A close encounter with a Chinese aircraft carrier has become a badge of honor for a US Navy destroyer crew


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A close encounter with a Chinese aircraft carrier has become a source of pride for the crew of a US Navy destroyer, a senior US admiral has said.

In April, the USS Mustin sailed within visual range of the Chinese aircraft carrier Liaoning and then let the world know.

The operation was a testament to the “boldness” and skill of American sailors, Vice Admiral Roy Kitchener told the Surface Navy Association National Symposium. And those sailors reveled in the condemnation it drew from China, added Kitchener, who is commander of US Navy surface forces and surface forces in the Pacific.

The Mustin was tasked with “marking” Liaoning as the carrier and its escorts conducted exercises in the South China Sea, Kitchener said, “so they went over there, and they approached the group , and the Chinese “cruiser and destroyer escorts” in the screen came out to meet them.

The crew of the Mustin “realized that at some point all the Chinese escorts had kind of backed off, which told us, ‘OK, there are operating restrictions they had around of the carrier,'” Kitchener added.

“Mustin didn’t have one,” he said. “They went on, found a good station and sat next to it taking pictures and doing other things for quite a while.”

Vice Admiral Roy Kitchener, Commander, U.S. Pacific Fleet Surface Naval Force, delivers the keynote address at the 34th Surface Navy Association (SNA) National Symposium in Arlington, Va., Jan. 11, 2022. (Julio Rivera/US Navy)

One such photo, showing the commander and executive officer of the Mustin casually observing Liaoning, quickly spread around the world and was widely interpreted as a message to the Chinese Navy.

In the weeks that followed, Chinese officials condemned Mustin, calling his actions “very vile” and to accuse the destroyer from endangering Chinese ships and personnel, which US officials refuse.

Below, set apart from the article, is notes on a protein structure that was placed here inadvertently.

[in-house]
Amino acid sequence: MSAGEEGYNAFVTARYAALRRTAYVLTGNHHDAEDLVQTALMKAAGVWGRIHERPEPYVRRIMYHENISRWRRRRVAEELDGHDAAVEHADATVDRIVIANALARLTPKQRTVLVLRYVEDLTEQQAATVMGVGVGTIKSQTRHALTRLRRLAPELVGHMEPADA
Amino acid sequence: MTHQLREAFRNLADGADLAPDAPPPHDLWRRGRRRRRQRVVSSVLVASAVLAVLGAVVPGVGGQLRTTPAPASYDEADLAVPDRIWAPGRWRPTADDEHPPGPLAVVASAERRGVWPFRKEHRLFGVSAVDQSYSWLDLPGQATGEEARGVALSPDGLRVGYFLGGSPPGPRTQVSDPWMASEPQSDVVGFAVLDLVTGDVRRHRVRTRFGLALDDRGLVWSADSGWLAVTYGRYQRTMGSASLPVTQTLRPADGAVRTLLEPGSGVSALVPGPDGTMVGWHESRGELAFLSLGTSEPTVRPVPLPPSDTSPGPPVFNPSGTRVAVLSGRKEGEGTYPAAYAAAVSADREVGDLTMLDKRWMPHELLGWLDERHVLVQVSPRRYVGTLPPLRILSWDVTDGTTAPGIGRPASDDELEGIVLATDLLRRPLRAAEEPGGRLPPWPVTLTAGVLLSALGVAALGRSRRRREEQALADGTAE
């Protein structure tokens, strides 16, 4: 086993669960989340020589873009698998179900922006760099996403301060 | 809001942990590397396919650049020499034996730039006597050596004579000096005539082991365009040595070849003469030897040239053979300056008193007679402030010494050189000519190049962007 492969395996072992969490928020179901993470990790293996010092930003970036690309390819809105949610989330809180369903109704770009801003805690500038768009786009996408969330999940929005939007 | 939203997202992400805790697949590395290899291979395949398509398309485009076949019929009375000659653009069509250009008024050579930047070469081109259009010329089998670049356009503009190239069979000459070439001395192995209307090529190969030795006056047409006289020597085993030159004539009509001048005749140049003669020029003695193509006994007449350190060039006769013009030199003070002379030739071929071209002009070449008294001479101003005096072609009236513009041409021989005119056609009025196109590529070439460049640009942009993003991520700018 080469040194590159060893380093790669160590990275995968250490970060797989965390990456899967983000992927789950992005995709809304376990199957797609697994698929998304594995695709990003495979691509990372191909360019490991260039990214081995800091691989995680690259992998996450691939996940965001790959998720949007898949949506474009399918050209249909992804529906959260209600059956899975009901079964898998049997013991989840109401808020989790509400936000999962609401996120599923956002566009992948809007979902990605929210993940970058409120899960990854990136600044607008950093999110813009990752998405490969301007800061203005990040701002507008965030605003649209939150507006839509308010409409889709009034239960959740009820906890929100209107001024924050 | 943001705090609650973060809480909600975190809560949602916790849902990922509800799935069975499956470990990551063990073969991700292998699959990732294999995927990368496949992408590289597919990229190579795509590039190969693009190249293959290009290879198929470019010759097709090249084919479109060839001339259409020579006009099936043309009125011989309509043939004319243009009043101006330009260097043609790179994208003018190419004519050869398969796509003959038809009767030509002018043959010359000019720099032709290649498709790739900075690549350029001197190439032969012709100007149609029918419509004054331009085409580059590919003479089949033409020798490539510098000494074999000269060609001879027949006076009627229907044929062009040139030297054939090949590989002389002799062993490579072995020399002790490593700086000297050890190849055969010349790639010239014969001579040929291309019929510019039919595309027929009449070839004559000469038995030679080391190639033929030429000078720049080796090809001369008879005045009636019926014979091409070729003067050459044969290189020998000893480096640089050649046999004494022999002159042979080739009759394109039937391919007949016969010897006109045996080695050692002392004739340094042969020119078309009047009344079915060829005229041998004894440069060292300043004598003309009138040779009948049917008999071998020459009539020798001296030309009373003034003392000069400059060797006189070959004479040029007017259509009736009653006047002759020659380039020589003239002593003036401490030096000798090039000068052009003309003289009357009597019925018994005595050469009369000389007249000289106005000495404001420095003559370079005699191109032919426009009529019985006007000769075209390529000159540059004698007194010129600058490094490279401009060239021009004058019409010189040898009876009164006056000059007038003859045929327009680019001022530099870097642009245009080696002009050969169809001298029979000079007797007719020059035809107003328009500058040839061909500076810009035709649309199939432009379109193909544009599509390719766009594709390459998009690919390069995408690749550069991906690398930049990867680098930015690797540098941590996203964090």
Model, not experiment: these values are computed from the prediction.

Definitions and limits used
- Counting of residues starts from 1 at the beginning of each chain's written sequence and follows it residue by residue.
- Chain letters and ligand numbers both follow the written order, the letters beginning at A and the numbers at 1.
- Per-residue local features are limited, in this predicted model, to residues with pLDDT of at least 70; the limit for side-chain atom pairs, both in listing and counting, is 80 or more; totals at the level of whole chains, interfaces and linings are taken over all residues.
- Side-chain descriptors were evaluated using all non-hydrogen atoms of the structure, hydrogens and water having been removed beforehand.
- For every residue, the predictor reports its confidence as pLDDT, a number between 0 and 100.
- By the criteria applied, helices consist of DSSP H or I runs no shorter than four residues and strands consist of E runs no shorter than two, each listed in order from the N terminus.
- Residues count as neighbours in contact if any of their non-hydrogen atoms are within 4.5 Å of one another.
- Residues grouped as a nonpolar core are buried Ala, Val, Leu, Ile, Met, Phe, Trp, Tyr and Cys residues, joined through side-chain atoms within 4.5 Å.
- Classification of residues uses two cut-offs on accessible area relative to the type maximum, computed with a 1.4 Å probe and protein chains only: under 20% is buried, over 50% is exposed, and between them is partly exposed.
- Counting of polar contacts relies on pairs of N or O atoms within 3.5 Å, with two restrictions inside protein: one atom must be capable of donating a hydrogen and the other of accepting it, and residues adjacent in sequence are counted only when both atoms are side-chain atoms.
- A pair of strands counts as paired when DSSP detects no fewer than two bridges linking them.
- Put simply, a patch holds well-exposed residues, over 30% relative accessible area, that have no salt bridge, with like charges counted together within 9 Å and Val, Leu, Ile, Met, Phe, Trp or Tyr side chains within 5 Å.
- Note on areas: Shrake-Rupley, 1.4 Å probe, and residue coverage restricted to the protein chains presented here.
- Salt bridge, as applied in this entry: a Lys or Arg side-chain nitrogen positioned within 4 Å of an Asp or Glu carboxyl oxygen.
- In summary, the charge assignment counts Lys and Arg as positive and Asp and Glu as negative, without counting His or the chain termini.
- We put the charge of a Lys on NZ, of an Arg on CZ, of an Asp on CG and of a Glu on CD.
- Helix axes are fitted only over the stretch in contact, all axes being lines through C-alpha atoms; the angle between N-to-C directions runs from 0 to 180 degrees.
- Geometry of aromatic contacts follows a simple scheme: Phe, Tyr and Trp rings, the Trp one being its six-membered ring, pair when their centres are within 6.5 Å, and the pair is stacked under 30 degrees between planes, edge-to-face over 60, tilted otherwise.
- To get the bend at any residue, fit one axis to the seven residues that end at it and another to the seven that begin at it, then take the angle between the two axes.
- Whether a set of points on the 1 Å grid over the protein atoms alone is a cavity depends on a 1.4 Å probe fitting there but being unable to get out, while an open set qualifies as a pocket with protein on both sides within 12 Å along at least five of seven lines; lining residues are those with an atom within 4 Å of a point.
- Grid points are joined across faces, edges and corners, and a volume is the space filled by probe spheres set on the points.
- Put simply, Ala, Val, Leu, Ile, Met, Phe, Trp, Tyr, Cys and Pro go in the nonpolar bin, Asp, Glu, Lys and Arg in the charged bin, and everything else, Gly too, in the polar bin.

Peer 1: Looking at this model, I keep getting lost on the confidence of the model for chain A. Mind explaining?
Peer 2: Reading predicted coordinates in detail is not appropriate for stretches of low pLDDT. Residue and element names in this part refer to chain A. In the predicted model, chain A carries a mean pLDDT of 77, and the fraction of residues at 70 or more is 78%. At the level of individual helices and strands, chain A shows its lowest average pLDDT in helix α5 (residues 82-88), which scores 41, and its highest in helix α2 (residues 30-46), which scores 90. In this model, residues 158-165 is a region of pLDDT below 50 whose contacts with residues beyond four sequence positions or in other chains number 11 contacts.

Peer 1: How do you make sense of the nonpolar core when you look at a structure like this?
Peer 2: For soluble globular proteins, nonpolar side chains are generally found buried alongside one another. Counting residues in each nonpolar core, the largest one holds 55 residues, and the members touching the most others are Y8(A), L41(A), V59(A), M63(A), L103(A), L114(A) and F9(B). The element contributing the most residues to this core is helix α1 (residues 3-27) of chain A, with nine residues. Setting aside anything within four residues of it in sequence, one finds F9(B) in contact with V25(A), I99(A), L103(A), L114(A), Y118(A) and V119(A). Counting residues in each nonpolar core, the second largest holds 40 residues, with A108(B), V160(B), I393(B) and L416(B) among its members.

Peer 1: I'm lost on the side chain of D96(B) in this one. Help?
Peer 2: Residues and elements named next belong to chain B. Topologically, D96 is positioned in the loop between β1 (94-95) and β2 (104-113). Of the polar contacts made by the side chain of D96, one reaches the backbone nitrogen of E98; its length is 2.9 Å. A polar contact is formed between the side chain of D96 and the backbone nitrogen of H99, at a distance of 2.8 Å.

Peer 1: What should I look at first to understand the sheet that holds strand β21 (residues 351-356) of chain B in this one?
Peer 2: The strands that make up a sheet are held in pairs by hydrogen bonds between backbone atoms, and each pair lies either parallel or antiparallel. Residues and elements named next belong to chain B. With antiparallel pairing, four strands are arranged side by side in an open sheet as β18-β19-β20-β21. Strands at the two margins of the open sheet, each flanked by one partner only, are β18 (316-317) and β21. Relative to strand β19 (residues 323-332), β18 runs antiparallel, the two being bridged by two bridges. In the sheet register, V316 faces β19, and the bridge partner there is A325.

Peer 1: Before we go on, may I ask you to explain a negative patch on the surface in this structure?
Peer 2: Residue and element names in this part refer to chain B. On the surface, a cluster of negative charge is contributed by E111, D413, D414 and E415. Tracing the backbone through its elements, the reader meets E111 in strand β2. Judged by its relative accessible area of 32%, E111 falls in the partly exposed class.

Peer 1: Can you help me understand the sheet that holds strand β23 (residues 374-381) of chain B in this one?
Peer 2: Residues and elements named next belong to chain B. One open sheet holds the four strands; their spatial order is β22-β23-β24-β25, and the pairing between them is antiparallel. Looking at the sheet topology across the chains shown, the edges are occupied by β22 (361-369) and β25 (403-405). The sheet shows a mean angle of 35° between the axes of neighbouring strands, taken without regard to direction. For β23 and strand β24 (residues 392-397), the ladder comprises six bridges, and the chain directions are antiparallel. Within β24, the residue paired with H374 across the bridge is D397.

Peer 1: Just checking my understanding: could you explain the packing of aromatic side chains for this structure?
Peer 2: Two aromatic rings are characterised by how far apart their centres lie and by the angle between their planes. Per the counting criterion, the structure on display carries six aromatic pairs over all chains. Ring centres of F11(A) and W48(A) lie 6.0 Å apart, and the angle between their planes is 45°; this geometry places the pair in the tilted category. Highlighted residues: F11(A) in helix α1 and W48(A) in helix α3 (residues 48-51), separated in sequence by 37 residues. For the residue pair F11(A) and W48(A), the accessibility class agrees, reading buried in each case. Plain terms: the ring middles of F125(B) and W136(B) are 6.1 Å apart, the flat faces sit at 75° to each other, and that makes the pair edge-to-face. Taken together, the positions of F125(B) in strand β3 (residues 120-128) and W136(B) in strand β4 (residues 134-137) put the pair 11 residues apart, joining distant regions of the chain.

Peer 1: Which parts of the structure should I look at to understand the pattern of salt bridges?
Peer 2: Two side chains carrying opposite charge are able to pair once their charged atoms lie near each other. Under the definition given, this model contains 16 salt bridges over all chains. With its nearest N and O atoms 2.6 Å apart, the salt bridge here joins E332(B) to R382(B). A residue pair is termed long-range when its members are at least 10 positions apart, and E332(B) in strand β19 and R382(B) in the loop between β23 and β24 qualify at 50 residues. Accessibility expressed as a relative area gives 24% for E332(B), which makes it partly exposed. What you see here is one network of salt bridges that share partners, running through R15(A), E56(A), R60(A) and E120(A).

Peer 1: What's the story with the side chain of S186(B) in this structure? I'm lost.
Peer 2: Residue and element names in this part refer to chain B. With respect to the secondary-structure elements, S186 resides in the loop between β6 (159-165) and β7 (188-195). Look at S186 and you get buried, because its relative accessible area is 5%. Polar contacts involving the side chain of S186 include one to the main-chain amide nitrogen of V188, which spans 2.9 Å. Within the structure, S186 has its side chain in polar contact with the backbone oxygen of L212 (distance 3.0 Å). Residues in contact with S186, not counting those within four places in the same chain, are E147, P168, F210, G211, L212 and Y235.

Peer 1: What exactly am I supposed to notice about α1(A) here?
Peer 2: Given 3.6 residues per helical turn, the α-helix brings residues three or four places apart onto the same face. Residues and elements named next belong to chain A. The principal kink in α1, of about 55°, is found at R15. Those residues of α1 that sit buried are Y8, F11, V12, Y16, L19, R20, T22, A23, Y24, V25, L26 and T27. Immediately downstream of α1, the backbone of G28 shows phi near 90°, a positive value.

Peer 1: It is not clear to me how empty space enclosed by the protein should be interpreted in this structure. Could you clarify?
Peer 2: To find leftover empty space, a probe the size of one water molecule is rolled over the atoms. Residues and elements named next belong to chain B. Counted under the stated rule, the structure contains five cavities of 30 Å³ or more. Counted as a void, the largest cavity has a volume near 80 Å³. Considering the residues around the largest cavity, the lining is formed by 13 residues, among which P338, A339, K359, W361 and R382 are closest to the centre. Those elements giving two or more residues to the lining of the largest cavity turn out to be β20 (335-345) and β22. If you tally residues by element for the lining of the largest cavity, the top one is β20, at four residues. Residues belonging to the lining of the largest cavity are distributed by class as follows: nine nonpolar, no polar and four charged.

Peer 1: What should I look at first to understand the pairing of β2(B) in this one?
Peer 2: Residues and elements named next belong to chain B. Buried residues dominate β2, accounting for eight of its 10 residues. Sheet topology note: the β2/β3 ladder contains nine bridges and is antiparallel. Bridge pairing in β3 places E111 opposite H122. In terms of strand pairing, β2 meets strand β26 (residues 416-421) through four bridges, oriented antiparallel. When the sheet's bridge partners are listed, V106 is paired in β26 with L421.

“It was a good story in the end. At the time, we had to manage a bit,” Kitchener said Tuesday, adding that the crew of the Mustin commemorated the encounter on a uniform patch.

At the bottom of the crest, next to the Mustin’s initials and hull number, are the words “non grata,” Kitchener said.

“I said, ‘Hey, what does that mean?’ And they say, ‘Well, sir, this is from the demarche that the Chinese sent to our State Department that said, ‘Hey, the USS Mustin is no longer welcome in the South China Sea because ‘they’re so annoying,'” he added.

The incident was illustrative of “what our sailors are trained to do,” Kitchener said, and the response from Mustin’s crew showed they were united around their mission.

Operating close to other forces is not a new experience for the US Navy, but trouble with Russian and chinese forces – whose conduct the United States has sometimes considered “dangerous and unprofessional“- have increased in recent years amid tensions with each of these countries.

Kitchener and other Navy officials said U.S. forces should expect to encounter these forces more often and closer to US shores.

“When we go on operations now, whether it’s on the east coast or the west coast, the Black Sea, the South China Sea, we’re there one-on-one with our adversaries,” Kitchener said. “They’re there. They’re there. And we’re managing the risk, and our sailors are getting really good.”

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